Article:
Scale is an advantage because the market leader can spend more than its peers in a variety of areas such as R&D, marketing, talent and technology. It can also help to increase efficiency and negotiating clout with suppliers, and it can reduce risk through greater diversity. It’s also useful for closing big sales deals because, as the saying goes, “nobody ever got fired for buying IBM”.

Diageo does have these advantages, but it doesn’t quite meet my threshold for market dominance. For a company to gain a durable competitive advantage from scale, it needs to dominate its peers and that, for me, means it has to be at least twice as big as its nearest competitor. Diageo is only 1.4 times larger than its nearest competitor, and although that is an advantage, it’s an advantage that could be wiped out if two of its nearest rivals decide to merge.

While its market-leading scale is perhaps a durable competitive advantage, a far more powerful and enduring competitive advantage comes from its famous brands, which are valuable, unique and impossible (or at least illegal) to copy.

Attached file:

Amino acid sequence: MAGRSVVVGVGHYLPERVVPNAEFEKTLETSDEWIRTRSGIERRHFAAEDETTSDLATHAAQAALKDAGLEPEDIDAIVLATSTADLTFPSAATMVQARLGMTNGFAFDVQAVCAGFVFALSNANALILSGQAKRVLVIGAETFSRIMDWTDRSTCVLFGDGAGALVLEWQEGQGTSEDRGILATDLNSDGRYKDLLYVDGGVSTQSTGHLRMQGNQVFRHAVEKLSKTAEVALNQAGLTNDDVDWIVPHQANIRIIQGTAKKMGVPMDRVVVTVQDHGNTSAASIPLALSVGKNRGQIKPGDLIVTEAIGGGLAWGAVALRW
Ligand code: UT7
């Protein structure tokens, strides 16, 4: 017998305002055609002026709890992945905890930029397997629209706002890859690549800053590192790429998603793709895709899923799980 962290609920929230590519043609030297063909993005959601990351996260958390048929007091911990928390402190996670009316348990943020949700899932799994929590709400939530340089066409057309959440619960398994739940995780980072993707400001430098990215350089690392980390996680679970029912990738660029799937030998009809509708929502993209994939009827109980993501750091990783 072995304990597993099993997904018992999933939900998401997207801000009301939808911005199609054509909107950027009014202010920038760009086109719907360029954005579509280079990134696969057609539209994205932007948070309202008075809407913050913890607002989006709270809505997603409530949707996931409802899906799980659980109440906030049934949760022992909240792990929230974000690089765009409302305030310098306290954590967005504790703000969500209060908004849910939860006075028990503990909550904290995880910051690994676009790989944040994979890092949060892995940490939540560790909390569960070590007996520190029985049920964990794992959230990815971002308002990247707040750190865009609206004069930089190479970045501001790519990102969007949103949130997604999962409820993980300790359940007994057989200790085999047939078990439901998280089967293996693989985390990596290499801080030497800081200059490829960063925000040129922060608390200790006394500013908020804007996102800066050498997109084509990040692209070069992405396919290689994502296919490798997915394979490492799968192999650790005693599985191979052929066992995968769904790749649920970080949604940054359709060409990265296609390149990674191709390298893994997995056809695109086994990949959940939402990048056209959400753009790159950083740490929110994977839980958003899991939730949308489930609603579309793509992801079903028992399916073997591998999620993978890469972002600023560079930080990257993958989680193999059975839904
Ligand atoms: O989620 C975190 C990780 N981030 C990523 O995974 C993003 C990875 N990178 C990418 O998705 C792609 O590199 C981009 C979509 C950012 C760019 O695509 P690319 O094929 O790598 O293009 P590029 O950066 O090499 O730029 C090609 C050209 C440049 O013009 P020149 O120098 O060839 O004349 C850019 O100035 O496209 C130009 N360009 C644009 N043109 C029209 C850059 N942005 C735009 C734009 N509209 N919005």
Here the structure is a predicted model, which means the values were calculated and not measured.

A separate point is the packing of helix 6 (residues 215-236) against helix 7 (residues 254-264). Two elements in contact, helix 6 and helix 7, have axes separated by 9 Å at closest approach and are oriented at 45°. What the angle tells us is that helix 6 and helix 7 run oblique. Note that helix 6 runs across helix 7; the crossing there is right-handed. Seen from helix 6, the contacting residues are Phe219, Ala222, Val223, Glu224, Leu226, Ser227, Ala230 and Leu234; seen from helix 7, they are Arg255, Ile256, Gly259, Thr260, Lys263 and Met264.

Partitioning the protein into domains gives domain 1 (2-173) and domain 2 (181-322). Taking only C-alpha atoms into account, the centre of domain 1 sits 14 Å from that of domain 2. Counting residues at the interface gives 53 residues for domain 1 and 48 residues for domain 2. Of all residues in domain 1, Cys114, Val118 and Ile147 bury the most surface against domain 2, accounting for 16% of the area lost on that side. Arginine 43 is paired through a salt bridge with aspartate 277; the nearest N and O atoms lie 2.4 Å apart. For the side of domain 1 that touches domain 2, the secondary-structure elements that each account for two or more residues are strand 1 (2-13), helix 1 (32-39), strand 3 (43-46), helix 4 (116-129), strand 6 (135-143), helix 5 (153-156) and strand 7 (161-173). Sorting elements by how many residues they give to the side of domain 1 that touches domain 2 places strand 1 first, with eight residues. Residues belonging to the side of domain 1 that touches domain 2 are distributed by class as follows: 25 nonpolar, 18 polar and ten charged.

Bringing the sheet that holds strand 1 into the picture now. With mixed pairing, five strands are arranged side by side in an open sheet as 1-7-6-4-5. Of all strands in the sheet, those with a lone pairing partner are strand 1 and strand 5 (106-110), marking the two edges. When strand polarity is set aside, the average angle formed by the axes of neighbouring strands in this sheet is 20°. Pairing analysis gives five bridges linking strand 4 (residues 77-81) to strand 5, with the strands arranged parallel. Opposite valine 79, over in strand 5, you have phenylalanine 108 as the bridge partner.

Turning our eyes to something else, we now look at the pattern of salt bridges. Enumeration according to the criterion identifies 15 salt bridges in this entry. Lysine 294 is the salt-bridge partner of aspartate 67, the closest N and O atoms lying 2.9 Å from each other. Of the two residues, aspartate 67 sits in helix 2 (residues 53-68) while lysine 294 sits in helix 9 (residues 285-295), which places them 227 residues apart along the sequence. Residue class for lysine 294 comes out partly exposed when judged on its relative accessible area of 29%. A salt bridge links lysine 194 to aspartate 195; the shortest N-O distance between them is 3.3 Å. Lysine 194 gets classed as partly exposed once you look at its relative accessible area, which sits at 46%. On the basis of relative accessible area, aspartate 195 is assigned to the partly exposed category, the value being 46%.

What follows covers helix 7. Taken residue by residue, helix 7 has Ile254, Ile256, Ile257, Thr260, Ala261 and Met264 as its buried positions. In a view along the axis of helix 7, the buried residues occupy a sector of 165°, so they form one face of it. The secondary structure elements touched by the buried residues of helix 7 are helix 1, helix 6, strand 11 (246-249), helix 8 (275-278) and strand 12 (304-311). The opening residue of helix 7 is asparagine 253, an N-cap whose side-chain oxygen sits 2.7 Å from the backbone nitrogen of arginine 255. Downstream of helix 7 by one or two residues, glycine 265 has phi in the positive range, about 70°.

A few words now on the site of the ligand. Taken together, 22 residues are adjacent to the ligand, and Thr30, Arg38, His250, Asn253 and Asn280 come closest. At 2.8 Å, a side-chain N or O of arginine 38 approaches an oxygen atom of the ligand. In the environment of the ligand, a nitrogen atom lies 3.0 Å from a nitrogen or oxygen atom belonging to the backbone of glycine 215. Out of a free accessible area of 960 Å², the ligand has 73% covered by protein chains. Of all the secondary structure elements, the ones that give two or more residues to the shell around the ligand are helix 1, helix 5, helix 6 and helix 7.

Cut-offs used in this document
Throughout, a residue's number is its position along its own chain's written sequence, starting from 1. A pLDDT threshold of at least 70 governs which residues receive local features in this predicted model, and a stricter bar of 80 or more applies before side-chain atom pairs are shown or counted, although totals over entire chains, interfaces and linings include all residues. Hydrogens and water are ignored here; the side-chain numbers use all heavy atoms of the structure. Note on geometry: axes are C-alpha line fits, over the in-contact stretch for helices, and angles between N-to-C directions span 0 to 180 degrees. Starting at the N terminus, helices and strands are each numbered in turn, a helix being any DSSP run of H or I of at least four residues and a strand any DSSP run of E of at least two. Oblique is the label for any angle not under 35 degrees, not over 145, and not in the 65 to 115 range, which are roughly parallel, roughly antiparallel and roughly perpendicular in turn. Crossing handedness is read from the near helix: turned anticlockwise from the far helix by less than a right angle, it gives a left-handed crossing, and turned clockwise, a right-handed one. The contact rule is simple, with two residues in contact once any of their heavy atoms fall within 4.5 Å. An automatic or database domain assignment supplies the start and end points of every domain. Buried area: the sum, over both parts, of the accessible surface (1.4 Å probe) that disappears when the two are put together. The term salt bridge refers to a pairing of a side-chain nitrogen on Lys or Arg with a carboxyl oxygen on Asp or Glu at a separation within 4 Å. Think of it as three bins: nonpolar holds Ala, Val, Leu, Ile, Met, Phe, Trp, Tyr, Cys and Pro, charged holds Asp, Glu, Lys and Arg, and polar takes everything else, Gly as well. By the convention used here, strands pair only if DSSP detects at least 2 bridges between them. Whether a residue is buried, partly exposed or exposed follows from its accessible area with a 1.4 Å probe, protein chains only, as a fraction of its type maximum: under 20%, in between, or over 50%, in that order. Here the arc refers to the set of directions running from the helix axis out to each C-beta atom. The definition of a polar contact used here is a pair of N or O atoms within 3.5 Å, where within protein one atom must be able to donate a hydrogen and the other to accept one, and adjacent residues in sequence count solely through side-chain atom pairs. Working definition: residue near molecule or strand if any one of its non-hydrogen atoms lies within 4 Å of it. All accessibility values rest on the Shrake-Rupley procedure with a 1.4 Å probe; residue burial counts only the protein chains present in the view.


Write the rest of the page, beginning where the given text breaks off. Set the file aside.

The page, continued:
Owning popular brands is an advantage because most people are willing to pay a small premium to buy branded goods they’re familiar with, especially when price isn’t the most important factor. 

For example, if I’m buying a bar of soap, I’ll usually go for Dove or Imperial Leather because I’ve used them before, I like them, they do the job and I don’t care if they cost 50p or £1 more than Sainsbury’s own-brand soap. The same logic applies to most consumer products that go onto or into your body (clothing, grooming products, food, drink, medicine, etc).

This competitive advantage tends to become more durable over time, so very old brands like Guinness and Smirnoff are much more likely to outlast newer brands and retain their pricing power for many decades and perhaps even centuries to come. This is known as the Lindy Effect, where the expected future lifetime of a non-perishable entity (like a religion, a piece of music, a brand or a company) is directly related to its current age.

If I'd written this review a year or so ago, I would also have mentioned Diageo's home-grown CEOs as a potential competitive advantage.